The school year is so new that the kids have barely gotten their teachers' names straight, much less told every tale on the playground about their summer adventures. But already visions of vacations are dancing in their heads.
"Mom, can we go skiing this year . . . please ," 11-year-old Matt pleaded the first week of school before there was even a hint of coolness in the air. Just thinking about skiing, it seems, makes homework less onerous.
Is a winter vacation worth the financial bite and the time? I think so. A getaway--even if only for a few days--allows everyone a breather from the stresses and strains that we all live with.
Away from the office and the car-pools, there might even be an opportunity to tune into the kids' world for a brief moment over breakfast on a sun-drenched terrace or riding up a ski lift. That's when I seem to have some of the best talks with my kids. Nothing necessarily heavy--just tuning into their frequency for a bit.
Assuming the bank account can take it this winter, which is it going to be: sun or snow? For many families it's no contest. "We'd never think to go to the beach in the winter. That's for August. In the winter, we want to get out in the snow and cross-country ski, toboggan and ice skate," said Vicki Bijur, a New York literary agent and mother of an 8-year-old son.
Bijur said that her family finds excitement in the snow without long-term planning. Heading to nearby slopes gives the change of scene they were seeking without the hassle of airline tickets or hotel reservations made months before. The same is true for Californians heading to Lake Tahoe for a few days.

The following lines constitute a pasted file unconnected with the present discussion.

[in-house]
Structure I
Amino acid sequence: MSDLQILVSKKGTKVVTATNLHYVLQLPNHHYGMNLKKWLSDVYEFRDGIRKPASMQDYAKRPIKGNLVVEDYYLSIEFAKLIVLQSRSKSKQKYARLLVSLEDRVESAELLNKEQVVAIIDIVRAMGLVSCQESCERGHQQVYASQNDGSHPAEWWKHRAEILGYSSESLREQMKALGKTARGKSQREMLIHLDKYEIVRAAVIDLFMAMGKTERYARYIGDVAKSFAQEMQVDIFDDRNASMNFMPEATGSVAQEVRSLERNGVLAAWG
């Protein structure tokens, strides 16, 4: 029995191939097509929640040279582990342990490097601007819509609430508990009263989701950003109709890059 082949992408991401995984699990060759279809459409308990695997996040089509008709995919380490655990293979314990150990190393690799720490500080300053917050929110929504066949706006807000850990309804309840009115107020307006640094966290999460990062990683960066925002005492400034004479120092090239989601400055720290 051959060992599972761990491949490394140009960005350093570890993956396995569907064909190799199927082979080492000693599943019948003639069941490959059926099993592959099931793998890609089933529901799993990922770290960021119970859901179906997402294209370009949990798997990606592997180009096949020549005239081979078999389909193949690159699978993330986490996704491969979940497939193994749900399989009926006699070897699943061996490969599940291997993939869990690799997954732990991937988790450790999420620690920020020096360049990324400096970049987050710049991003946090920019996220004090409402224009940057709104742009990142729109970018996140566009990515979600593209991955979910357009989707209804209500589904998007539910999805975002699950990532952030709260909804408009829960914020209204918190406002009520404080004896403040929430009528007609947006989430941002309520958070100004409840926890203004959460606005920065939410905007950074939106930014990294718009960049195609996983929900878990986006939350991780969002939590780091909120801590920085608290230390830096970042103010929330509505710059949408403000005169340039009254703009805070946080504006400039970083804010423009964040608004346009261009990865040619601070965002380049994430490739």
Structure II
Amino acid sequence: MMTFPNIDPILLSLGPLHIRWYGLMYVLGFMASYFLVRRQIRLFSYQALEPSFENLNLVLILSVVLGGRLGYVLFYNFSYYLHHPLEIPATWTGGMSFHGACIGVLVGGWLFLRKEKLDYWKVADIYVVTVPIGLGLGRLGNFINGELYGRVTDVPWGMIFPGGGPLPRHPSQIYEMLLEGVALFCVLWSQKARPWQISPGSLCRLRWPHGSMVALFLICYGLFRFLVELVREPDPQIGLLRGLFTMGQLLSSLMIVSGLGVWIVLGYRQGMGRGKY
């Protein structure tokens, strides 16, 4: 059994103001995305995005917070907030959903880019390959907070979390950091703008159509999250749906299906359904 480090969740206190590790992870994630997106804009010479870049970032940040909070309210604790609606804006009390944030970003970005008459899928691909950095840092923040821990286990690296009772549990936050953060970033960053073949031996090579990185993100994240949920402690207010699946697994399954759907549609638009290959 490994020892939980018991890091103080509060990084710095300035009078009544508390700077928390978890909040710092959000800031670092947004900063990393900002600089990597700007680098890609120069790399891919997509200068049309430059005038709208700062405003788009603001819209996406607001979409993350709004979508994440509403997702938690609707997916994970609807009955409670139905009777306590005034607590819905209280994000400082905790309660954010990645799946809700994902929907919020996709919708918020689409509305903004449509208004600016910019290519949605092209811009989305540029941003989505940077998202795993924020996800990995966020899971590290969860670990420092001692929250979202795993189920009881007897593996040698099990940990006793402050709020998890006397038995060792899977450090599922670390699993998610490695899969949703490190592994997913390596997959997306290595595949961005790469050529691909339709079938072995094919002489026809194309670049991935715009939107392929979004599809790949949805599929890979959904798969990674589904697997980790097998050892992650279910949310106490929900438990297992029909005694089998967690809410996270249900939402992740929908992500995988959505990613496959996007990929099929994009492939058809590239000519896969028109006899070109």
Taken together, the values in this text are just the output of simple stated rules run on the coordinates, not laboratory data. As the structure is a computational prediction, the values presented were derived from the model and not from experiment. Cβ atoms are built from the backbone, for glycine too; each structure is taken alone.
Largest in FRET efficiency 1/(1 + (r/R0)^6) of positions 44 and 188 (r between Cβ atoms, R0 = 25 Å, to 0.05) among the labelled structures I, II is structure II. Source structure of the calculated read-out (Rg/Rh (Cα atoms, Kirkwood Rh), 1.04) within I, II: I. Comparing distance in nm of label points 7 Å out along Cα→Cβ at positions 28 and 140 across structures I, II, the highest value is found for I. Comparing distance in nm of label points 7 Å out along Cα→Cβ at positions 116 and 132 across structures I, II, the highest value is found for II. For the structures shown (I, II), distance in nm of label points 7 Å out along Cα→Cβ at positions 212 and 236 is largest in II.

Skiing is fun, but expensive--typically $50 or more per day per family member just for lifts, food and equipment. Nor is it always a relaxing experience, particularly for moms who seem to be the ones who keep track of everyone's goggles, hats and ski gloves.
"It's hard work," said Melanie Nangle, a transplanted Californian now living in Connecticut who talked wistfully about a winter trip her family took one year to Hawaii. "At least skiing forces you to be active," she added.
Still, Donald Wertlieb, the only non-skier in his family, said he finds a sense of peace settling down with a good book and a drink while his family is on the slopes.
"But those who ski don't get to relax," said Wertlieb, a child psychologist and chairman of Tufts University's Child Studies Department. "They go for the excitement and exertion. It's a lot different than sitting on the beach, although both are too expensive!"
Consider travel time too. Many ski areas (and some beaches) are within driving distance from home, making the trip more affordable but perhaps more stressful. But even if you're planning to fly, travel time likely will be shorter to the mountains than to an island destination.
Consider the kids' ages carefully. Are they too young to get much out of a ski experience? Will you be carrying all their equipment everywhere? Are they too old to be satisfied hanging around the beach with you? Wherever you go, once they're past second grade, they won't be happy just playing in the sand and jumping the waves. They'll want to race from snorkeling to beach volleyball to fishing.
As the kids get older, seek out a place where such activities are included in the rate. As for equipment, there's no getting around it: Skiing requires lots of gear, from parkas to boots.
Take the kids without your spouse for a few days if he (or she) has no interest in the sport. That's what Deborah Baratta does, leaving her non-skiing husband behind. Baratta, the co-founder of the family travel agency, Rascals in Paradise, sees families head for the slopes every season, particularly if they live in places where they never see a snowflake. "People want a change from what's happening where they are," she says.
We live in winter-jacket territory with plenty of snow, but my crew immediately voted down my suggestion of a beach vacation this winter. See you in the lift lines.
Taking the Kids appears weekly.